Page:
Another 2017 study of patients who underwent the same surgery between 2004 and 2015 found that 40 percent experienced nasal polyp recurrence within 18 months.

    Some participants even noted worse symptoms than before. Risk factors for regrowth included a history of previous sinus surgery and severity of nasal polyps.

    Managing inflammation-related conditions such as allergies and aspirin sensitivity before surgery helps ensure the best outcome possible.

    This might involve strategies such as taking:

    • allergy medications
    • allergy shots
    • aspirin desensitization therapy

    The exact timeline for nasal polyp regrowth cannot be predicted . Research shows that the process may take several months.

    For example, the aforementioned 2017 study found that 35 percent of people experienced recurring nasal polyps after just 6 months of having surgery. Recurrence at the 1-year mark was 38 percent.

    Other research has noted improved symptoms in patients after surgery with few needing additional procedures within the first 2 years. It’s worth noting that just because polyps regrow doesn’t mean the same symptoms will also return.

    Additional treatment is recommended after surgery to help maximize the benefits of surgery, regardless of whether you’re currently having symptoms.

    Some medications may also help stop the polyps from getting larger and even reduce the chances you’ll need a second surgery.

    Steroid nasal sprays

    The most common treatments for nasal polyps even after surgery are nasal steroid sprays. These sprays are considered safe to use long term.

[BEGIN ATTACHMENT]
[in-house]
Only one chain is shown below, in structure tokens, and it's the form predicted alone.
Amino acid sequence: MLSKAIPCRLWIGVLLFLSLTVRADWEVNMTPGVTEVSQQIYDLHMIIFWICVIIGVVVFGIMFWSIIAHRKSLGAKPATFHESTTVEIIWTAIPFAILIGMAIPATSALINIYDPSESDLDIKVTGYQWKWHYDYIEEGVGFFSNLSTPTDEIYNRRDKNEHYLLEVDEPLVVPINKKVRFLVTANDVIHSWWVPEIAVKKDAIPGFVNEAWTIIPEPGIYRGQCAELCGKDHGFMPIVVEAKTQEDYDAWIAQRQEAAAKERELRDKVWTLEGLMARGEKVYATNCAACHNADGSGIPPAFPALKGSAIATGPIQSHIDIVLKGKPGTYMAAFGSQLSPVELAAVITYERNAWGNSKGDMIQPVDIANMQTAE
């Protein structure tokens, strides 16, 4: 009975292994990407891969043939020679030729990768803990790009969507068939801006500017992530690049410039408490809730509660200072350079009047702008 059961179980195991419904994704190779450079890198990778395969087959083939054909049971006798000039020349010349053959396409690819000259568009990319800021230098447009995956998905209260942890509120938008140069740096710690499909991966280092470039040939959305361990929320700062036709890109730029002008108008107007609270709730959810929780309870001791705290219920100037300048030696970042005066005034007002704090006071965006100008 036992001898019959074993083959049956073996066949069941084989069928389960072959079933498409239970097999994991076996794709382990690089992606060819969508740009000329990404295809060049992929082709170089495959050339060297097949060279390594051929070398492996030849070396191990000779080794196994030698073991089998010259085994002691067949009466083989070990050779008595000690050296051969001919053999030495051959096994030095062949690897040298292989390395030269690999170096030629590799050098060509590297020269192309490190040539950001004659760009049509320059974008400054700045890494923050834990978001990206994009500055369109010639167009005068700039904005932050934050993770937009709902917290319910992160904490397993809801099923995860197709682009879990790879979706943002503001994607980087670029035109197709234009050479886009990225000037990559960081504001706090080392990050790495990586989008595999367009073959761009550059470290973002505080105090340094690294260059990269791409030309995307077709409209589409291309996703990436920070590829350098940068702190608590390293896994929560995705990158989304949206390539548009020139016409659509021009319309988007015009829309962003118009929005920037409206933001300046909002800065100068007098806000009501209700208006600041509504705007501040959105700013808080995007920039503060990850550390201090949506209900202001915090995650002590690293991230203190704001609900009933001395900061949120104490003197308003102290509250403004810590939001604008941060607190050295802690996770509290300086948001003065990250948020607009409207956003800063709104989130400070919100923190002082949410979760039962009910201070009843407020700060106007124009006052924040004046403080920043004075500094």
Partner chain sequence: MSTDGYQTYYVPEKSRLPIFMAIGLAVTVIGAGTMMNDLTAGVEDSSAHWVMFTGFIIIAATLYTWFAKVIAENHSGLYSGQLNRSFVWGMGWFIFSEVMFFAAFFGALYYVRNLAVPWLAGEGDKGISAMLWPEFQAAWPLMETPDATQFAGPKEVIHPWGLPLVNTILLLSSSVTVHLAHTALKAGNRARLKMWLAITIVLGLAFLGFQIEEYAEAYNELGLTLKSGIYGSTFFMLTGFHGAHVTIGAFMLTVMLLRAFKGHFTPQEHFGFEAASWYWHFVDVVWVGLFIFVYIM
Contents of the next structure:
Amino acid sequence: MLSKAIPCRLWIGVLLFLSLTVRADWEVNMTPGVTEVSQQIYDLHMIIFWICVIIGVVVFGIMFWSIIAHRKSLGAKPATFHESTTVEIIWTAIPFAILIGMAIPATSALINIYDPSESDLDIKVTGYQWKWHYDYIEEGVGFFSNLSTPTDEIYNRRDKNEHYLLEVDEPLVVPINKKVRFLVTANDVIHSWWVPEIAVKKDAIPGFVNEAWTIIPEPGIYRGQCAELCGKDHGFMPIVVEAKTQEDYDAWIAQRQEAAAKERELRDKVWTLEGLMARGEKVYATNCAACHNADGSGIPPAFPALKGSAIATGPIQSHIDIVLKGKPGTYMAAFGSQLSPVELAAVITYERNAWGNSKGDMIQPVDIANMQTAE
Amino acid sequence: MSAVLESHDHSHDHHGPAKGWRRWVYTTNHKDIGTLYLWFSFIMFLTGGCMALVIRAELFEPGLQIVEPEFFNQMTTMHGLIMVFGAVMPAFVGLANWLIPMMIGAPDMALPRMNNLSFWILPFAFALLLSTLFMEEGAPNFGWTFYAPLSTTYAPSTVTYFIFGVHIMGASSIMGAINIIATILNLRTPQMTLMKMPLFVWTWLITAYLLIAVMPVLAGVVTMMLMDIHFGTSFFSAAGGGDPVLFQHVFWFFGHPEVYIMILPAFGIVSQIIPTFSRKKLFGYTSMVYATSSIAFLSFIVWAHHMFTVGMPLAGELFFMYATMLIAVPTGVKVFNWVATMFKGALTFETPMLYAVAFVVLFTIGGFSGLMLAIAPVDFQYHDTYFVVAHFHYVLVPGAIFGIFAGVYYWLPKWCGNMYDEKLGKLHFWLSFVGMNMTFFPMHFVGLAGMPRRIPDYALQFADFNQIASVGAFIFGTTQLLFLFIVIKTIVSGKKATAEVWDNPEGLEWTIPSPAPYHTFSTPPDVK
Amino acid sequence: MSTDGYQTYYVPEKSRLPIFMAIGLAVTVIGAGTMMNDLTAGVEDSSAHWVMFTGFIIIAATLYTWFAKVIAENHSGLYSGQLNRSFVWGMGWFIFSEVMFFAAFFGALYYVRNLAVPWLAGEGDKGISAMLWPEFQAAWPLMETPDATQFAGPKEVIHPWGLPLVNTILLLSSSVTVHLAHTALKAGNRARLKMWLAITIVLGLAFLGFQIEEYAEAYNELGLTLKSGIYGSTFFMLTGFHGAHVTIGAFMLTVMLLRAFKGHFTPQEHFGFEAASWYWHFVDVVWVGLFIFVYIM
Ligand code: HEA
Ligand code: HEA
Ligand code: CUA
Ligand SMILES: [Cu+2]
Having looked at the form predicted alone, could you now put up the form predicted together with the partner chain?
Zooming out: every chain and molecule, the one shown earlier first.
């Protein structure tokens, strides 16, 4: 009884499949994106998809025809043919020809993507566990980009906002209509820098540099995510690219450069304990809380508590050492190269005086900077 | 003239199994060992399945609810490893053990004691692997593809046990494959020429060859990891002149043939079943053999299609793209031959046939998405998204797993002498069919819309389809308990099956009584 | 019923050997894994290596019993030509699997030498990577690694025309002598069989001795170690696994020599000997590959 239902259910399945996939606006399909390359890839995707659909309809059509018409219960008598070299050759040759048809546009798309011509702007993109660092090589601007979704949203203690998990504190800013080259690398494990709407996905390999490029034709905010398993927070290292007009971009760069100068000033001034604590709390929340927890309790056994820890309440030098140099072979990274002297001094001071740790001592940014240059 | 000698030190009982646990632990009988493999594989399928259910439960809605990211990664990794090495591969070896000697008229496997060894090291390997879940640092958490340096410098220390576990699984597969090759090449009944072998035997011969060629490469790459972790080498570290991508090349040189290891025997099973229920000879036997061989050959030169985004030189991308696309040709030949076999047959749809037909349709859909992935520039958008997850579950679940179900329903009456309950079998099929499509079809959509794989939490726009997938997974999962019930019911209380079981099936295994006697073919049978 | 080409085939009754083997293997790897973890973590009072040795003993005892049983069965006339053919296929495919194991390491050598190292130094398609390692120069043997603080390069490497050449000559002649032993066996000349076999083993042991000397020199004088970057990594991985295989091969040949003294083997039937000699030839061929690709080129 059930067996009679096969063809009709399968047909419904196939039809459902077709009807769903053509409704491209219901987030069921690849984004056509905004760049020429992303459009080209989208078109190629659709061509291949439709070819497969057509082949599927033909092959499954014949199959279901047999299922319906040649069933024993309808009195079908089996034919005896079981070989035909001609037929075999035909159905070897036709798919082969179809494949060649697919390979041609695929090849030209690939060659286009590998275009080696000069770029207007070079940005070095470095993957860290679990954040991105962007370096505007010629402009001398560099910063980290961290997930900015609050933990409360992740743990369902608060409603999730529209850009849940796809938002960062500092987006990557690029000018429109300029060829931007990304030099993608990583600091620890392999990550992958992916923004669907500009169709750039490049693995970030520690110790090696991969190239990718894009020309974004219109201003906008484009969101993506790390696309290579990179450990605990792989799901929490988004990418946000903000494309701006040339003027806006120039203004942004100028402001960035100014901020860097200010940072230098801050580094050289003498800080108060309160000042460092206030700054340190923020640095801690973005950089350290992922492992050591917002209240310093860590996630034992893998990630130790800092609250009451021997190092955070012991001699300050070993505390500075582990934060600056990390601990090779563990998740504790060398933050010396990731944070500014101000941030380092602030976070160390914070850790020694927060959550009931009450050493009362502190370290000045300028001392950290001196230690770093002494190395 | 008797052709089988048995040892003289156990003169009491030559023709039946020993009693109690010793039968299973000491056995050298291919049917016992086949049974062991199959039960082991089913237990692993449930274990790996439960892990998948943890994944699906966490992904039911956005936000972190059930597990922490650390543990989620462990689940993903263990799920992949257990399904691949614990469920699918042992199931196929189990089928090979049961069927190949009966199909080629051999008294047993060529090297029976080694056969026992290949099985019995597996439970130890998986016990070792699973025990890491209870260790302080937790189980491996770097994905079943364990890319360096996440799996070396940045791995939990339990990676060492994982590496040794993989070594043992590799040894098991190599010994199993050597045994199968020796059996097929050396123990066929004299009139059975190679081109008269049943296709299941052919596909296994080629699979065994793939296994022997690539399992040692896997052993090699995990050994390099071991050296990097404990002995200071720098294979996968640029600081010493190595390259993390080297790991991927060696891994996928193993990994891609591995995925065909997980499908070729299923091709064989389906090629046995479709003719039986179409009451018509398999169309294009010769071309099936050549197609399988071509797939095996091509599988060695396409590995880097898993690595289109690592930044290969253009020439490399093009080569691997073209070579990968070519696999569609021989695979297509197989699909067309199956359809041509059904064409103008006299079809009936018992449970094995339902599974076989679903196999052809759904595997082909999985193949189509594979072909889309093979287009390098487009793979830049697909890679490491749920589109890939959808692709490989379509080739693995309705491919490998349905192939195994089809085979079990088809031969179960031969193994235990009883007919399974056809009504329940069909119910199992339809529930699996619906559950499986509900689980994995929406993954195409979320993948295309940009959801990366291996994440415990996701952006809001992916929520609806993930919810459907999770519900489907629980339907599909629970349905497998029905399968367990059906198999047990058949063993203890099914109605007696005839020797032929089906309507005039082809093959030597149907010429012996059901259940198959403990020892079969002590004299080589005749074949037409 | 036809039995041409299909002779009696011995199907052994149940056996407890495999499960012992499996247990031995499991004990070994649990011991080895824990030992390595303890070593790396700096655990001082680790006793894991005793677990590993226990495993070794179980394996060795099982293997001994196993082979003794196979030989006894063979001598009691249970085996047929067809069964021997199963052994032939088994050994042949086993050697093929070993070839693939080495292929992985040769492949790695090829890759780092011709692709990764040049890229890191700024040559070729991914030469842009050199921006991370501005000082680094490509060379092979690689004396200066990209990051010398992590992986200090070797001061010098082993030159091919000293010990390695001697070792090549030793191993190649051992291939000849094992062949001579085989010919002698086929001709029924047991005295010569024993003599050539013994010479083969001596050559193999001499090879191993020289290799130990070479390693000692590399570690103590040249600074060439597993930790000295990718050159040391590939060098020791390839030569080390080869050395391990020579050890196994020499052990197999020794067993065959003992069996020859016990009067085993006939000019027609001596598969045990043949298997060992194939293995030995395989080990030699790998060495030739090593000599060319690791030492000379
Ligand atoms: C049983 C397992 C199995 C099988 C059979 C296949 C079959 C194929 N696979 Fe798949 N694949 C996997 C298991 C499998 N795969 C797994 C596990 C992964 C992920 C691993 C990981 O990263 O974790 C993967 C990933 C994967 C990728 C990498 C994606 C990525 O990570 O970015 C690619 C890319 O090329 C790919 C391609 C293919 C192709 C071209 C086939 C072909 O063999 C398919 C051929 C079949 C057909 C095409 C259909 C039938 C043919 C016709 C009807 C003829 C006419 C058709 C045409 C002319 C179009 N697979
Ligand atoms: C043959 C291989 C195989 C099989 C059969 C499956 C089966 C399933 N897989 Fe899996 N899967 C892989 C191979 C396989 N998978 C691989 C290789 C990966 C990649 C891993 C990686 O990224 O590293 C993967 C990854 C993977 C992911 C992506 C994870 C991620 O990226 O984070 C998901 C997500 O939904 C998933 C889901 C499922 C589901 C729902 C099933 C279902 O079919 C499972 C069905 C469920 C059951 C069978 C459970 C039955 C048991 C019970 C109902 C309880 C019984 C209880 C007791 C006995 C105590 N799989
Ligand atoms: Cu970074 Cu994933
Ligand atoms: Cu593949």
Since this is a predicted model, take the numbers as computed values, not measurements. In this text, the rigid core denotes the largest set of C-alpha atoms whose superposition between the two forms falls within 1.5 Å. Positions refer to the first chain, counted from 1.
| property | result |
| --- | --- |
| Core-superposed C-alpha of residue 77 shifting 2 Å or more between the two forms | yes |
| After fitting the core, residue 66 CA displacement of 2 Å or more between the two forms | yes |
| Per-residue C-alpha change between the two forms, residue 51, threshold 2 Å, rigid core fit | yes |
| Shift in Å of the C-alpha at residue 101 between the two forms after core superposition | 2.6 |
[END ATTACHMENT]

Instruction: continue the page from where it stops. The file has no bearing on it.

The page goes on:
Using steroid sprays may help decrease the size of nasal polyps. They may also help reduce your symptoms and the odds you’ll need additional surgery.

    Doctors also usually recommend that patients regularly use saline nasal irrigation or nasal irrigation with steroids, such as budesonide, to help keep nasal passageways clear and reduce inflammation.

    Oral steroids

    Oral steroids are sometimes recommended in short-term dosages only. These help reduce inflammation and polyp size. Oral steroids carry a higher risk of side effects compared to nasal sprays.

    Allergy medications

    If you also have allergies, your doctor might recommend over-the-counter nasal sprays with fluticasone (Flonase, Xhance). These may help alleviate your symptoms and decrease inflammation in your nose.

    In addition to nasal steroid sprays, another option for people with allergies or asthma is an oral prescription leukotriene modifier called montelukast (Singulair).

    Biologics

    If you have chronic rhinosinusitis with nasal polyps (CRwNP), your doctor may recommend injections of the biologic medication dupilumab () or omalizumab (Xolair).

    These medications were originally created to treat asthma and allergies. The Food & Drug Administration (FDA) has approved them to treat CRwNP.